Watson, Richard (1612-1685) (DNB00)
|←Watson, Peter William||Dictionary of National Biography, 1885-1900, Volume 60
Watson, Richard (1612-1685)
|Watson, Richard (1737-1816)→|
WATSON, RICHARD (1612–1685), royalist divine, controversialist and poet, son of William Watson, merchant, was born in the parish of St. Katharine Cree, London, in 1612, and is said to have studied for five years in the Merchant Taylors' school under Mr. Augur (Venn, Admissions to Gonville and Caius College, p. 170), though his name does not occur in the ‘Registers’ (ed. Robinson, 1882). On 22 Dec. 1628 he was admitted a sizar of Gonville and Caius College, Cambridge. He proceeded B.A. in 1632, commenced M.A. in 1636, and was elected a junior fellow of his college in September 1636. From 1636 to 1642 he was headmaster of the Perse grammar school at Cambridge. He held the college offices of lecturer in rhetoric in 1639, Greek lecturer in 1642, and Hebrew lecturer in 1643. Being a zealous defender of the church of England, he preached a sermon ‘touching schism’ (Cambridge, 1642, 4to) at St. Mary's, the university church, in 1642, and, as this was highly offensive to the presbyterians, he was ejected from his fellowship and his school. Afterwards, ‘to avoid their barbarities,’ he withdrew to France, and was patronised at Paris by Sir Richard Browne, clerk of his majesty's council, and for some months he officiated in that gentleman's oratory or chapel, where he frequently argued with the opposite party concerning the visibility of their church (Kennett, Register and Chronicle, p. 229). Subsequently he became chaplain to Ralph, lord Hopton, in whose service he continued until that nobleman's death in 1652, being then ‘accounted one of the prime sufferers of the English clergy beyond the seas.’ He afterwards resided at Caen.
At the Restoration he was re-elected fellow of Caius College, and he demanded his original seniority, 30l. a year as compensation for his sequestered fellowship from 1644, and 3l. a year for the rent of his rooms from the same date. The college refused to grant this demand, but allowed him 10l. a year ‘for the present.’ Later, on 5 July 1662, he was allowed the value of his fellowship for the two years and a half during which it was vacant after his ejection, and some allowance was made for rent of his rooms ‘out of respect to his deserts and sufferings’ (Venn, Biogr. Hist. of Gonville and Caius Coll. 1897, i. 286). On 29 April 1662 Watson, who at that time was one of the chaplains to James, duke of York, was created by diploma D.D. of the university of Oxford. In September 1662 he was presented to the rectory of Pewsey, Wiltshire. He was collated to the prebend of Warminster Ecclesia in the church of Sarum on 29 March 1666; was appointed master of the hospital at Heytesbury, Wiltshire, in 1671; and on 19 Dec. 1671 he was installed in the prebend of Bitton in the church of Sarum (Le Neve, Fasti, ed. Hardy, ii. 658, 659). He died on 13 Jan. 1684–5. Wood says he was ‘a good scholar, but vain and conceited.’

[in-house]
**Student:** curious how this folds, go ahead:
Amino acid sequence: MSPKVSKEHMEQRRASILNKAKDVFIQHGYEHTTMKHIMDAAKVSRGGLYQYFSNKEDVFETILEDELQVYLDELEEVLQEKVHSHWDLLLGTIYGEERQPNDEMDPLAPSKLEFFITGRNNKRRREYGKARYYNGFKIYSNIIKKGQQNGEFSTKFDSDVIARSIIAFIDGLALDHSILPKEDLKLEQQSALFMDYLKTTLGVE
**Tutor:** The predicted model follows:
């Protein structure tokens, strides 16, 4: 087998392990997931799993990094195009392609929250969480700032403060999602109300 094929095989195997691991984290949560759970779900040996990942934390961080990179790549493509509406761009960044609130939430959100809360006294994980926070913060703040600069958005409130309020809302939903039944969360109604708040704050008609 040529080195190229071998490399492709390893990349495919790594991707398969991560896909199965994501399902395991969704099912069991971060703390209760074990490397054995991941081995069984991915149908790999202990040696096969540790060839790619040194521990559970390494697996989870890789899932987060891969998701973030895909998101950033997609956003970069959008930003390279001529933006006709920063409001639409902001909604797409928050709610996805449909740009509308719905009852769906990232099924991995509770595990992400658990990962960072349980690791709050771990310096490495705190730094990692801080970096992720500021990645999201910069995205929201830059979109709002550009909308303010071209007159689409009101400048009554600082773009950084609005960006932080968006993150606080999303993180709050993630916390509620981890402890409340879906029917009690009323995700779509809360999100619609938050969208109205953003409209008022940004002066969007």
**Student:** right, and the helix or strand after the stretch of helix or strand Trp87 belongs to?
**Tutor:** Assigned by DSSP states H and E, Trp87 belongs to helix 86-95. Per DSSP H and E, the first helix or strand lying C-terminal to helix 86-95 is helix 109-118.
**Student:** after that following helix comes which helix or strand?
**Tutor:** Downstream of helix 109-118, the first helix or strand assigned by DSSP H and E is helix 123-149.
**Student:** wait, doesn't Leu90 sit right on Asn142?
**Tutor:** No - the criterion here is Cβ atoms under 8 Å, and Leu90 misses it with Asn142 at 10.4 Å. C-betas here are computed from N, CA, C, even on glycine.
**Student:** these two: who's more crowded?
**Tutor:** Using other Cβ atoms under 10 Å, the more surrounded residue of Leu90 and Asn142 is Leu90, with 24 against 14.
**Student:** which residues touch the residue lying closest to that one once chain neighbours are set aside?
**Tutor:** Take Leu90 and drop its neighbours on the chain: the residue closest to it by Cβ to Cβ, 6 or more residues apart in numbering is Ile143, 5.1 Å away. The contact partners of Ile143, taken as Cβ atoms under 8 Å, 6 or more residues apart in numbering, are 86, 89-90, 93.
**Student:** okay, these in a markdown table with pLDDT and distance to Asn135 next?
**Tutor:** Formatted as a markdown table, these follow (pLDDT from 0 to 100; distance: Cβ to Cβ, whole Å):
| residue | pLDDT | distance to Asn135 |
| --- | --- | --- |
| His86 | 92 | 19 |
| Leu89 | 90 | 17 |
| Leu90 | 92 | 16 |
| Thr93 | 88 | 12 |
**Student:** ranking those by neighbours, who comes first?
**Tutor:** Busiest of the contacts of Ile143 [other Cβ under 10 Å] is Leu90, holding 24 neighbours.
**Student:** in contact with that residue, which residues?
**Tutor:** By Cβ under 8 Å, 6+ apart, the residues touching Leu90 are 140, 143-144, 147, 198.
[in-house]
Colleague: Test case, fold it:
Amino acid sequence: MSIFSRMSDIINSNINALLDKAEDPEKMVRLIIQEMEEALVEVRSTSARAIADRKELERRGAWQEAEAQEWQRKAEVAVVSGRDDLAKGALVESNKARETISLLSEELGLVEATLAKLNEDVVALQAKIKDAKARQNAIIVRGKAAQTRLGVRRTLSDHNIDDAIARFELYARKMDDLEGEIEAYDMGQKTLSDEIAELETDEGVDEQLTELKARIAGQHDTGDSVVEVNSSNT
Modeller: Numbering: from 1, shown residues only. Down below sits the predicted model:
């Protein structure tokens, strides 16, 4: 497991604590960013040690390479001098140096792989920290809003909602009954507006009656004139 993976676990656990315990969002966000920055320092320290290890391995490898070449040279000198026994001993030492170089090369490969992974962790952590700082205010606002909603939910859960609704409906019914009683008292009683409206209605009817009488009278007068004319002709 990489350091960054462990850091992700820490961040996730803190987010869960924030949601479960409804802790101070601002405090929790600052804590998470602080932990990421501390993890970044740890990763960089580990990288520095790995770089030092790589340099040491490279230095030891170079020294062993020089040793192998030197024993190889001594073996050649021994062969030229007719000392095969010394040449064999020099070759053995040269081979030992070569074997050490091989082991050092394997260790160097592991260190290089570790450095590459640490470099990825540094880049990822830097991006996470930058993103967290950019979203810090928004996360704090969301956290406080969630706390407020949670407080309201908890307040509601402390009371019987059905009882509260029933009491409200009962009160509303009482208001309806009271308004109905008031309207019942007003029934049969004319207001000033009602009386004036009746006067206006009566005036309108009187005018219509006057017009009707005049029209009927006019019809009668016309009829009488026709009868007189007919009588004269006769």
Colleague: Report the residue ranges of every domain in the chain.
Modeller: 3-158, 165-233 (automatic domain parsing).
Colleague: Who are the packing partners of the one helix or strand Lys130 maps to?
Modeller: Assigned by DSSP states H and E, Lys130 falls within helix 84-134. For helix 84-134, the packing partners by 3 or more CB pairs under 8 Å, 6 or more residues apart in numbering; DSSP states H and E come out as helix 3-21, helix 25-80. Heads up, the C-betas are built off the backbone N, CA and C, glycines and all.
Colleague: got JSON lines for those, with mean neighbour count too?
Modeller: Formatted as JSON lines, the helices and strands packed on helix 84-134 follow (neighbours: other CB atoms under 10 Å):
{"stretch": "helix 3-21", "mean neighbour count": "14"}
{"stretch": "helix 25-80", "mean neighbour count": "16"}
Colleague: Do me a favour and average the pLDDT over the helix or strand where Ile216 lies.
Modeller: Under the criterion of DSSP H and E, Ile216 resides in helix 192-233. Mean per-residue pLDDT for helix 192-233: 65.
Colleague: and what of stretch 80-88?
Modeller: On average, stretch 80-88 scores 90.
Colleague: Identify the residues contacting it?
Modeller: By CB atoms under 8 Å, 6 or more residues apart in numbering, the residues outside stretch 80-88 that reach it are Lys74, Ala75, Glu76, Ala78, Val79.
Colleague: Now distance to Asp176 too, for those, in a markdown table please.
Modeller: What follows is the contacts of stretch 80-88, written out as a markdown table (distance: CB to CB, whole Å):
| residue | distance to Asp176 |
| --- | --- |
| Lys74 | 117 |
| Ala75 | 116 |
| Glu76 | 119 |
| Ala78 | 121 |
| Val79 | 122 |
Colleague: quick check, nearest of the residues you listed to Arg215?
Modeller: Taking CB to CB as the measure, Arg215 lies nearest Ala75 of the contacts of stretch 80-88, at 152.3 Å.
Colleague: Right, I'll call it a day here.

Besides sermons and several copies of Latin verse, Watson published: 1. ‘Regicidium Judaicum; or a discourse about the Jewes crucifying … their King. With an appendix … upon the late murder of … Charles the First, delivered in a sermon [on John xix. 14, 15] at the Hague, before His Majestie of Great Britaine’ [Charles II], The Hague, 1649, 4to. 2. ‘Akolouthos, or a second faire warning to take heed of the Scotish Discipline, in vindication of the first (which the … Bishop of London Derrie published ann. 1649) against a schismatical and seditious reviewer, R[obert] B[aillie of] G[lasgow],’ The Hague, 1651, 2 pts. 4to. 3. ‘Historicall Collections of Ecclesiastick Affairs in Scotland, and Politic related to them,’ London, 1657, 12mo. 4. ‘The Panegyrike, and the Storme, two poetike libells by Ed. Waller, vassáll to the Usurper, answered [in verse] by more faythfull subjects to his sacred Maty K. Charles II’ (anon.), sine loco, 1659, 4to. 5. ‘The Royal Votarie laying downe Sword and Shield, to take vp Prayer and Patience; the devout practice of his Sacred Maiesty K. Charles I in his Solitvdes & Sufferings. In part metrically paraphrased,’ Caen, 1660, 8vo. 6. ‘Discipline: (1) A fair Warning to take heed of the same, by Dr. Bramhall, &c.; (2) A Review of Dr. Bramhall … his fair Warning, &c.; (3) A second fair Warning, in vindication of the first against the seditious Reviewer,’ The Hague, 1661, 4to. 7. ‘Effata Regalia: Aphorisms divine, moral, politic, scatter'd in the Books, Speeches, Letters, &c., of King Charles the First,’ London, 1661, 12mo. 8. ‘Epistolaris Diatribe, una de Fide Rationali, altera de Gratia Salutari; his subnexa est, De voluntate etiam ab ultimo dictamine intellectus liberata, Dissertatio,’ London, 1661, 8vo. 9. An English translation of ‘The Ancient Liberty of the Britannick Church, by Isaac Basire,’ London, 1661, 8vo. To this he added ‘Three Chapters concerning the Priviledges of the Britannick Church, selected out of a Latin Manuscript, entituled Catholicon Romanus Pacificus. Written by F. J. Barnes, of the Order of St. Benedict.’ Basire's Latin work ‘Diatriba de Antiqua Ecclesiarum Britannicarum Antiquitate’ was published at Bruges (1656, 8vo) under the editorship of Watson. 10. ‘Ludio Paræneticus; Orationes olim habitæ Cantabrigiæ, in solemni Professione Filiorum, Artium Candidatorum,’ published with the college and university exercises of Aquila Cruso, London, 1665, 8vo. 11. ‘A fuller Answer to Elimas the Sorcerer; or to the most material part (of a feign'd memoriall) towards the discovery of the Popish plot, with modest reflections upon a pretended declaration (of the late Dutchess) [of York] for changing her religion, published by M. Maimbourg, &c. In a letter addressed to Mr. Thomas Jones’ [the author of ‘Elymas’], London, 1683, fol. 12. ‘The right reverend Dr. John Cosin, late Lord Bishop of Durham, his Opinion (when Dean of Peterborough and in exile) for communicating rather with Geneva than Rome: Also what slender authority, if any, the English Psalms, in rhime and metre, have ever had for the publick Use they have obtained in our Churches, and a short historical deduction of the original design and sacrilegious progress of metrical psalms,’ London, 1684, 8vo; reprinted with a different title-page, 1685.He also edited E. Duncon's treatise ‘De adoratione Dei versus altare,’ 1660, 12mo. [Addit. MS. 5883, f. 48; Bibl. Anglo-Poetica, p. 865; Bodleian Cat.; Carter's Cambridge, pp. 129, 135, 137; Foster's Alumni Oxon. 1500–1714, p. 1583; Kennett's Register, pp. 228, 229, 371, 458, 571, 657; Lowndes's Bibl. Man. (Bohn); State Papers, Dom. Car. II, vol. xlviii. n. 98; Walker's Sufferings of the Clergy, ii. 145; Wood's Athenæ Oxon. (Bliss) iii. 49, 611, iv. 52, and Fasti, ii. 11, 263.]